Fans of cinema and popular culture may know that scenes from “Mama Mia!” were filmed here. Mylopotamos is the most dramatic of Pelion’s beaches – this white pebbled beach has incomparably clear waters of bright turquoise as well as an exotic rock formation that divides it into two beaches – a hole in the rock offers access to the other one.
For those who prefer to swim only in the summer heat, there is always kayaking and boating – wonderful ways to explore the secret coves that dot this magical coastline.
In this peninsula of contrasts, just a few kilometers apart are traditional mountain villages and the enchanting seaside towns for which Greece is perhaps better known. Of these are Chorto – known since the times of Homer, and prosperous from 20th century trade in the region’s agricultural products. Tzasteni is one of Pelion’s most photographed locations – this strip of white buildings jutting out into the bay, surrounded by trees, is a little paradise best reached by boat, or otherwise via footpath – ensuring absolute serenity.
Milina has lovely architecture, and is known for its gorgeous sunsets. This is another gem in autumn, as it is extremely popular and crowded in summer. The picturesque port town of Agia Kyriaki at Pelion’s southern tip is one of the more active of the seaside twins, with a harbor filled with colorful boats. Palio Trikeri is actually an enchanting island off of the coast of Pelion. Hikers in particular seek out this island for its lovely unspoiled landscape and views.
Activities in Nature Pelion – Hiking, Horseback Riding, Foraging
Beside the more common swimming and boating that draw visitors to Pelion, there are also other wonderful ways to enjoy the peninsula. “Kalderimi” is a word known to hikers – these stone donkey paths have connected fields and orchards to villages and villages to each other for centuries, and they are now terrific hiking routes. Pelion has many. And here in the land of the Centaurs – Pelion is the homeland of the Centaur Chiron of Greek mythology – perhaps some horseback riding is the most authentic way to get in touch with the very soul of the place. Not least is connecting with the land through foraging – wild greens abound, famous for their lively tastes and nutritious properties. And there are also delicious mushrooms of great variety. A foraging trip with a knowledgeable guide can always be arranged.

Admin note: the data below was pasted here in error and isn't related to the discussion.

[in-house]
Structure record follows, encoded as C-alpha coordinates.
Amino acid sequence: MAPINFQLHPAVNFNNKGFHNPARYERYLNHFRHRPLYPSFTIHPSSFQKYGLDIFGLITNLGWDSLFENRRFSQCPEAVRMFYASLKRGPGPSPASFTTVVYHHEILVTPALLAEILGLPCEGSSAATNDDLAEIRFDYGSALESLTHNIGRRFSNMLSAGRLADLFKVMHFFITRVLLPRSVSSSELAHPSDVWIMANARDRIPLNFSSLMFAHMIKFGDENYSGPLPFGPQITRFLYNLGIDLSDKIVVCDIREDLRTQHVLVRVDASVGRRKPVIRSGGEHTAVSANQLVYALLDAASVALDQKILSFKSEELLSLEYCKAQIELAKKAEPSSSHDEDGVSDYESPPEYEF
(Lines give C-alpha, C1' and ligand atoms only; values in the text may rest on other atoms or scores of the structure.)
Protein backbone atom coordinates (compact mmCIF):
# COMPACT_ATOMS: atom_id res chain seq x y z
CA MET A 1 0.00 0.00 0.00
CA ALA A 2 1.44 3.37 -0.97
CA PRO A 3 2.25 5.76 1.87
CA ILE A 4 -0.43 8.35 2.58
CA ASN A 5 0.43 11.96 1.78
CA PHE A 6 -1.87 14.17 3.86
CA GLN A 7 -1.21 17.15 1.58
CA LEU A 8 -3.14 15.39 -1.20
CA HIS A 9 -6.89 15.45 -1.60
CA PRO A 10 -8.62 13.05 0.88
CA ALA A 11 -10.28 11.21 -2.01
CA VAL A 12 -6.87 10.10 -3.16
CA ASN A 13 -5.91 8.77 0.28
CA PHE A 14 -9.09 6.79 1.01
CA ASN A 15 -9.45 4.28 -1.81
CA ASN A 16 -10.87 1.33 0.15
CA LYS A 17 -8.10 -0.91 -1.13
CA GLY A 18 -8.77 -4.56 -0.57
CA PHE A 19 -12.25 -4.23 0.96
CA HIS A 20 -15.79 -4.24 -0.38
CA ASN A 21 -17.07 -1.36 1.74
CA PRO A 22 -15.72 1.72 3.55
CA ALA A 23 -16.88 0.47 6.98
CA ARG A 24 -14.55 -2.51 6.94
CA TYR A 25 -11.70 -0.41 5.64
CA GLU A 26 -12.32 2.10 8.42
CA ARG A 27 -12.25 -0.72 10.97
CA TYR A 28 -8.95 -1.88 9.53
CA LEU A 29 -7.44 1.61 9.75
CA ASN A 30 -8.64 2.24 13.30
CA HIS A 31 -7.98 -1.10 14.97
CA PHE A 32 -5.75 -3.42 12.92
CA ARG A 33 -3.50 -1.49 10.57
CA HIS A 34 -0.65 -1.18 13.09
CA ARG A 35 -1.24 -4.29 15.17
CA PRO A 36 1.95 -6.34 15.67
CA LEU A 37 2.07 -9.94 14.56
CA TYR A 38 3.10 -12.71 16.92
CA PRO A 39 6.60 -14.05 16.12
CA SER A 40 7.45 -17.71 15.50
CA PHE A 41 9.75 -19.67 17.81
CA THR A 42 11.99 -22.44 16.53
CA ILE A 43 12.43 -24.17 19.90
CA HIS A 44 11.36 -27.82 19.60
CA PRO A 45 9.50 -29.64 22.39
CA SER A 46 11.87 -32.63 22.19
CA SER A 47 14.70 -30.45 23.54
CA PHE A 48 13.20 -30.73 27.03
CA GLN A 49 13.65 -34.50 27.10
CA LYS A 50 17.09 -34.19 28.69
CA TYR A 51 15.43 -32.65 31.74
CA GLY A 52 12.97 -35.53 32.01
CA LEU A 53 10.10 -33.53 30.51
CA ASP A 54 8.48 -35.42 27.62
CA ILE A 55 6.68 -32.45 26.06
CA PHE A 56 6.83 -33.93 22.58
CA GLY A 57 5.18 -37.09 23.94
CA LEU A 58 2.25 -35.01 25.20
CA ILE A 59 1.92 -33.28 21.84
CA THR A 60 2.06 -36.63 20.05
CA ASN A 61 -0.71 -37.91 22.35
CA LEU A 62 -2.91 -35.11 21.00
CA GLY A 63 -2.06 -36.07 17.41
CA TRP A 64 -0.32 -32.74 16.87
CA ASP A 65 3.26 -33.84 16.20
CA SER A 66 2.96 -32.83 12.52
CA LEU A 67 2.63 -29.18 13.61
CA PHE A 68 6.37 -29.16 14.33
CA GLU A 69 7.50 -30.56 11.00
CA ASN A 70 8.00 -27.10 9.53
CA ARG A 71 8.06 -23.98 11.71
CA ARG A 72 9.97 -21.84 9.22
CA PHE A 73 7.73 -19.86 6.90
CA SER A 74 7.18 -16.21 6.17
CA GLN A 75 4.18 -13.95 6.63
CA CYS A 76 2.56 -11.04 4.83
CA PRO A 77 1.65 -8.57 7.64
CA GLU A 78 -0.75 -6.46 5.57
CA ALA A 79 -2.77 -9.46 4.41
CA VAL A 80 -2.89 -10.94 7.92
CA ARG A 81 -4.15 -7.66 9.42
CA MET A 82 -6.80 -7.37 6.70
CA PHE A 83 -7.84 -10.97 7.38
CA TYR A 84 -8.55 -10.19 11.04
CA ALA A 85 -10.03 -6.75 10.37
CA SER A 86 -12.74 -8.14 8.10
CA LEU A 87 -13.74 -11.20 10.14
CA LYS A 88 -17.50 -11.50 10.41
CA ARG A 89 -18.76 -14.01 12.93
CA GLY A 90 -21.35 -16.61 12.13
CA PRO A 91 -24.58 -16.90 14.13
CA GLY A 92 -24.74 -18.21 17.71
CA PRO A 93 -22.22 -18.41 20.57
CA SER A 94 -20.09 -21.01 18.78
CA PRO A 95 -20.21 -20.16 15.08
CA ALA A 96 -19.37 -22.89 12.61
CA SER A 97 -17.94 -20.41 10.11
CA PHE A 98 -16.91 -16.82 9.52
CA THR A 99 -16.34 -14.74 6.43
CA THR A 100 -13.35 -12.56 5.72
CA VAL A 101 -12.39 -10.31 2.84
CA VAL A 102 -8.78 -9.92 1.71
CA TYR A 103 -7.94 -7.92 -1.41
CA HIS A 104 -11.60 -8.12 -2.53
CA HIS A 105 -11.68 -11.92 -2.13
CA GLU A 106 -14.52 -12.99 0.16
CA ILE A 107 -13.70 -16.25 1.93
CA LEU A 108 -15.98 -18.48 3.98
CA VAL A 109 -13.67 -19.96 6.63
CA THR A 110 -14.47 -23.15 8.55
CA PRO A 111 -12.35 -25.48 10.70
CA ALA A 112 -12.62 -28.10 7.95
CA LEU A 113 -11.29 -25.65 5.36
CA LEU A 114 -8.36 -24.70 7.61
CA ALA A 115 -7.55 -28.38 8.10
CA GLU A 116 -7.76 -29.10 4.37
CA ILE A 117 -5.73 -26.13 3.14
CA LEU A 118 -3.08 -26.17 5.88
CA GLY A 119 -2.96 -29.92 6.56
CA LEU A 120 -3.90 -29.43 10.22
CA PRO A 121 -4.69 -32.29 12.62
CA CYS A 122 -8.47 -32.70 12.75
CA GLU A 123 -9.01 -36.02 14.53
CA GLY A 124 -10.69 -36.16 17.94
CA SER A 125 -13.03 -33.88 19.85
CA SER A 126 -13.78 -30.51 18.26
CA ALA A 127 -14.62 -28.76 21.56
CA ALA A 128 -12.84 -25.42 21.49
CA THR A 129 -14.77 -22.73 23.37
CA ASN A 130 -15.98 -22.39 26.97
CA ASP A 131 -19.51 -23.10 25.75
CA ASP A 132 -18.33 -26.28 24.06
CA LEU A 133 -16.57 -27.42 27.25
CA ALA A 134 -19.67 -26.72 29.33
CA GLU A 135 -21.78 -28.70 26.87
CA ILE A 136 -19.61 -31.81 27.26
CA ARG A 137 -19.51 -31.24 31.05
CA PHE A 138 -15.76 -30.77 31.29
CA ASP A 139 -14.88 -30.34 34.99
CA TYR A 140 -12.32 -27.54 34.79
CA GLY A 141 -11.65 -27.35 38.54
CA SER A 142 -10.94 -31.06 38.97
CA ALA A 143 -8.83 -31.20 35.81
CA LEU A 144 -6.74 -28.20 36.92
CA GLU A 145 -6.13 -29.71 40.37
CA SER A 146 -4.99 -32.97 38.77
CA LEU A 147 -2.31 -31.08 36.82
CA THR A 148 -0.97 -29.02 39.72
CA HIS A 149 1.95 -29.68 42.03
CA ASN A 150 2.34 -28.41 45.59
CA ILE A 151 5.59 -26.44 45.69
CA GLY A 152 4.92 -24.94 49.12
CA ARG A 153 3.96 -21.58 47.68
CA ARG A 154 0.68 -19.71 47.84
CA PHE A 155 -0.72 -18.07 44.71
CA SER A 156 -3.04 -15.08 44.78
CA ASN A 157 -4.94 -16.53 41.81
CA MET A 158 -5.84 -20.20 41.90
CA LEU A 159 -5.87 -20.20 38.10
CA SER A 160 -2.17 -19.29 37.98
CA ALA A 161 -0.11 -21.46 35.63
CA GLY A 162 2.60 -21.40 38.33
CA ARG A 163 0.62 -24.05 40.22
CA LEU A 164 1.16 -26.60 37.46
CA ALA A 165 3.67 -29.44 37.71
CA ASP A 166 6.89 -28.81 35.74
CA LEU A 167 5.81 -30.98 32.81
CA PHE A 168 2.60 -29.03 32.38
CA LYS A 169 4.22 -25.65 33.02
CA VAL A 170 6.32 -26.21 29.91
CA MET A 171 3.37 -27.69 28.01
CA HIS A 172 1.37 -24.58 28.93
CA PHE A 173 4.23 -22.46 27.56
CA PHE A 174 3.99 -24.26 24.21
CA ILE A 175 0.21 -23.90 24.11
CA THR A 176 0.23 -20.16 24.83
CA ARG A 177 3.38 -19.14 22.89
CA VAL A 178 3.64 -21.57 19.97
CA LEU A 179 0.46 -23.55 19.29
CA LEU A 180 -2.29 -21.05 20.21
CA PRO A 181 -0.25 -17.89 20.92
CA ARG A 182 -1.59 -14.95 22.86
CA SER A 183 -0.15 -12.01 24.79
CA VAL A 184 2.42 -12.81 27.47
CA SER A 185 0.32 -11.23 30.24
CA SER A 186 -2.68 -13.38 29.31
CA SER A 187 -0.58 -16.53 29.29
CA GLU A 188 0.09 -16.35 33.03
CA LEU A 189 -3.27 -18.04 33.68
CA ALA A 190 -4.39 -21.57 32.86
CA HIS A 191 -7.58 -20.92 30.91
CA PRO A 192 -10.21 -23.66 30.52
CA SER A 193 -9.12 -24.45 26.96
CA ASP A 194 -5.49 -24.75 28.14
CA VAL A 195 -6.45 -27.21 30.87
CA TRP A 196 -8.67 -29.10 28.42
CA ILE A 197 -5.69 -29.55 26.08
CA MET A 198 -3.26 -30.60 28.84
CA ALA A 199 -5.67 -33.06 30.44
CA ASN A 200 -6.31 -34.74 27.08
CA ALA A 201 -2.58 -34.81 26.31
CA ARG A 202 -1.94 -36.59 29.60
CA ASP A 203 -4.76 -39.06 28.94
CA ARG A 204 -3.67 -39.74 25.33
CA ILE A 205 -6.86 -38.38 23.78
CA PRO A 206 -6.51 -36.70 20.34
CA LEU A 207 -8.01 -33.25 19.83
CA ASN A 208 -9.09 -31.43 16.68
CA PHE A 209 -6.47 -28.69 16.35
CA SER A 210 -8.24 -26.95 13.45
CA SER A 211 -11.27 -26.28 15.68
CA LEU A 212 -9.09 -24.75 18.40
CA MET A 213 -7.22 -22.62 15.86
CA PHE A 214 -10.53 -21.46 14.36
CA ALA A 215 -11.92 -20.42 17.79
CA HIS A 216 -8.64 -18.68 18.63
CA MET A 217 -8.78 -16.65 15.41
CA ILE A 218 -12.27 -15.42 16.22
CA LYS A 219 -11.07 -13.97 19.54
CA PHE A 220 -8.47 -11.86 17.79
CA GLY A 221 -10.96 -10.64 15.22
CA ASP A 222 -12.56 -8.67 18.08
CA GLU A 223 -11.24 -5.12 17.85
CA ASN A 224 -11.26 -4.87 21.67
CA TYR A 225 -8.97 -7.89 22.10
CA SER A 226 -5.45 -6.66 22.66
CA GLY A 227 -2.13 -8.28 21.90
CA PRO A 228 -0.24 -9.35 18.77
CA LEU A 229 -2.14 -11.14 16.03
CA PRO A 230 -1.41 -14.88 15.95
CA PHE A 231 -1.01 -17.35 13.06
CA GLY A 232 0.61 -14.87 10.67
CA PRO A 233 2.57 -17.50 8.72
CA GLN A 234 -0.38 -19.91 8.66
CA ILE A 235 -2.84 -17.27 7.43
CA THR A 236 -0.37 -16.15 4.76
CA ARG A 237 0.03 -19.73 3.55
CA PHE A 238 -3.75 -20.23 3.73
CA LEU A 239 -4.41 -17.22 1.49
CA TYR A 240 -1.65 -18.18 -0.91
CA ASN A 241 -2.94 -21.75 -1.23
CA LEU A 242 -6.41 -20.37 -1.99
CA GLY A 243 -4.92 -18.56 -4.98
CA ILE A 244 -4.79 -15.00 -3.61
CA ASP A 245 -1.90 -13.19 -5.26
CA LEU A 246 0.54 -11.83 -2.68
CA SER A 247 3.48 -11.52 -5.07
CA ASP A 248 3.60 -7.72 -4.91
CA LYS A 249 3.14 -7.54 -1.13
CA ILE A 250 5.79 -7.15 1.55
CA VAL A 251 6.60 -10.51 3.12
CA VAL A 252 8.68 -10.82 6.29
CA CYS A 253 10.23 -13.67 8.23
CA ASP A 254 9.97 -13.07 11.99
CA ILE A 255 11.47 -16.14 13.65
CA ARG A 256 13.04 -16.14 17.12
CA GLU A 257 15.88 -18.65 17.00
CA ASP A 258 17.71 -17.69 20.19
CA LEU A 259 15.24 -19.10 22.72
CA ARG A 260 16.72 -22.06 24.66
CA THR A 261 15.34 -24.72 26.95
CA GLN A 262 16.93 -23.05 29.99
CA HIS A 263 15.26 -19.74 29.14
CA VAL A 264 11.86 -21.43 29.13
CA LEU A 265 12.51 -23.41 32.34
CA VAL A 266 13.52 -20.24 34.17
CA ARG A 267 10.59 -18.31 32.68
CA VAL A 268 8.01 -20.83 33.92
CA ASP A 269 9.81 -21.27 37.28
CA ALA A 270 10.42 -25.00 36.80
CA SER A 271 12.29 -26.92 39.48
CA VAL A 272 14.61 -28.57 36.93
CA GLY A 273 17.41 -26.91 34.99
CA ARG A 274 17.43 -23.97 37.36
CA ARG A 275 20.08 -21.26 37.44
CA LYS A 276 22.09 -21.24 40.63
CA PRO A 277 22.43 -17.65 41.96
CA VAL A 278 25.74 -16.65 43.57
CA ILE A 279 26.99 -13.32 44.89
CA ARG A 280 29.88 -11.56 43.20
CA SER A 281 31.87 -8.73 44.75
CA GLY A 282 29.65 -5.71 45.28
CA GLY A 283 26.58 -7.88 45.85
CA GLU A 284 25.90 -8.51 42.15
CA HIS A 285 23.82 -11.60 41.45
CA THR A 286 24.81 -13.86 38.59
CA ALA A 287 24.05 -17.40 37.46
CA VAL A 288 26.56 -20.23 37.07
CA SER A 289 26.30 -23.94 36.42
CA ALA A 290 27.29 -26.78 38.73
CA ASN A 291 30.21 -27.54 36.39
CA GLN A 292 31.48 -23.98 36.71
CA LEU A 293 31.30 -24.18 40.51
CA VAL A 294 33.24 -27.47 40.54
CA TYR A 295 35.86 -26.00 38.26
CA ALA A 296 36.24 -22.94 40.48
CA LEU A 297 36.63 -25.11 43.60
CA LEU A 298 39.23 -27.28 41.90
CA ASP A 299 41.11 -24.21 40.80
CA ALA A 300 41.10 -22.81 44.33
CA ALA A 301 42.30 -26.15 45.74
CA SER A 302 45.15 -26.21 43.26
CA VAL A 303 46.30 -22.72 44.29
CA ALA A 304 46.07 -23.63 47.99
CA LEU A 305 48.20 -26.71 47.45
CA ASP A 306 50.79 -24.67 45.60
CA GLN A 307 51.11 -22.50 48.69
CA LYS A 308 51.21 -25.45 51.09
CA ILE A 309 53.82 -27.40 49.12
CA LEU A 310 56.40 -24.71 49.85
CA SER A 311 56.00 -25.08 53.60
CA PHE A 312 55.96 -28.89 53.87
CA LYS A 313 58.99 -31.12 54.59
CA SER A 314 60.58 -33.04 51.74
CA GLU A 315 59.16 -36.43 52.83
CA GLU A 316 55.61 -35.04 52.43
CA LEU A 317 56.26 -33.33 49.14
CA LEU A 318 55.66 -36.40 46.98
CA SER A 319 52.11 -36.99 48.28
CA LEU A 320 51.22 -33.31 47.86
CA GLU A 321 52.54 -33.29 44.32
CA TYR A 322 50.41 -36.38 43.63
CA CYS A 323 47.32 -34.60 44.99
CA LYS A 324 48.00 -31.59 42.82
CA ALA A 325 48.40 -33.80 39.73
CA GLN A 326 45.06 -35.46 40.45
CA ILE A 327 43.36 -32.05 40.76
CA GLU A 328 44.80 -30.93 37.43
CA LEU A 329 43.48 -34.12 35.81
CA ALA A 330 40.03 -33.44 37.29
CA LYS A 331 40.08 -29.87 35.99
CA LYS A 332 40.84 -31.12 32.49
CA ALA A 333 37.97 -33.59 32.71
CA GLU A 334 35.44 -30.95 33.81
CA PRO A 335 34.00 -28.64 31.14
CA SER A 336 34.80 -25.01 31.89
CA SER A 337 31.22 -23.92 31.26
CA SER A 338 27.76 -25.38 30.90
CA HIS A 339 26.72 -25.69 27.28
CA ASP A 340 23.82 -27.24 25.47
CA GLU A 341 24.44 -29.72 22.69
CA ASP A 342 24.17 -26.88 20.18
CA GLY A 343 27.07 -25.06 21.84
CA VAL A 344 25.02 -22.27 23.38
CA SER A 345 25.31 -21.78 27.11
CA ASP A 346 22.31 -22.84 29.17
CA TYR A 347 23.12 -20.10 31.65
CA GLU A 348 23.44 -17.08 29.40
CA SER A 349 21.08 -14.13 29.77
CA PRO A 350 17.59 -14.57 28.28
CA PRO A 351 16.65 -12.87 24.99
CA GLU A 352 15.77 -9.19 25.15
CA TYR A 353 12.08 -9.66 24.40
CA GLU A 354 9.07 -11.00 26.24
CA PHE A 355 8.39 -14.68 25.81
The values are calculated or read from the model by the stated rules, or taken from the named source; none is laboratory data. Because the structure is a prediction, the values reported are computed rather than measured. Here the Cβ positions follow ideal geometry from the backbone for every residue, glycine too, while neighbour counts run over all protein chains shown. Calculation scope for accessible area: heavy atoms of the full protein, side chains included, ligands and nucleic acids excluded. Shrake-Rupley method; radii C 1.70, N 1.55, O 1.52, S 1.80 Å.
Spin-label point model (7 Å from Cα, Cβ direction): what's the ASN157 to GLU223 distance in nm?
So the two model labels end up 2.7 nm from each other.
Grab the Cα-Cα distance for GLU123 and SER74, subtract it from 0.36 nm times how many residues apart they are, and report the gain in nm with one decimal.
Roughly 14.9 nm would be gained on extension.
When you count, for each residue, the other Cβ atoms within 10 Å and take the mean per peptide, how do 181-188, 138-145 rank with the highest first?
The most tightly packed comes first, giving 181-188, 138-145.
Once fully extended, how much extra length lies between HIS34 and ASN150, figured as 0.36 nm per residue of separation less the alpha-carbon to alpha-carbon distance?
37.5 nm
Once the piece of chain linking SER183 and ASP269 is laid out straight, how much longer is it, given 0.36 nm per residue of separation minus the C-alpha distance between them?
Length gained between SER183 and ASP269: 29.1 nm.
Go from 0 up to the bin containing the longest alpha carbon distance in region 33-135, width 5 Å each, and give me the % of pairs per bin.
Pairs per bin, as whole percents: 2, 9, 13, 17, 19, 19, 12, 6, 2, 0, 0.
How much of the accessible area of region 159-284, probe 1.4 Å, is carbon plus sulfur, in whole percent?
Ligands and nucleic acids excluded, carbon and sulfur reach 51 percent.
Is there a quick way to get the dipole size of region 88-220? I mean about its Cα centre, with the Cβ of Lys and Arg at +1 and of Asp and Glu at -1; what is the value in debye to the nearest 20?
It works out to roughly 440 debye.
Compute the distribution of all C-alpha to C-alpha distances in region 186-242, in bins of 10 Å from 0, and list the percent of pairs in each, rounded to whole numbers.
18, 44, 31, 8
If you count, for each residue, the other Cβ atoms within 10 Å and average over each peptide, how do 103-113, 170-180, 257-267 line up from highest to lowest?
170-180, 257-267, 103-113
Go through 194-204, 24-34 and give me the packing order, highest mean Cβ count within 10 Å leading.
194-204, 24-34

… and that brings us to one of the true pleasures of Pelion – its magnificent food. This is a gastronome’s destination par excellence. The wealth of local products, from the finest olive oils and local wines, meats, and fish fresh from the sea, meet here a tradition of excellence. There is a great pride in gastronomy in Pelion, and a dedication to authenticity and tradition. Here one tastes excellent handmade pies with local cheeses, dines on fragrant and hearty meat dishes after a day of hiking, and enjoys fresh grilled fish by the sea.
Wholesome forged greens accompany dishes, along with tsipouro – this local spirit of grapes, scented with aromatics, makes a wonderful digestif and promotes conversation and fellowship. And for a sweep to cap the meal, there is the famous tradition of spoon sweets. There is no place in Greece with a greater variety – not just fruits, but more exotic treasures like green walnuts, baby tomatoes, almonds, and even flower petals, have been preserved in glossy, fragrant syrup.
Have you ever visited Pelion? Or planned a late season holiday in Greece?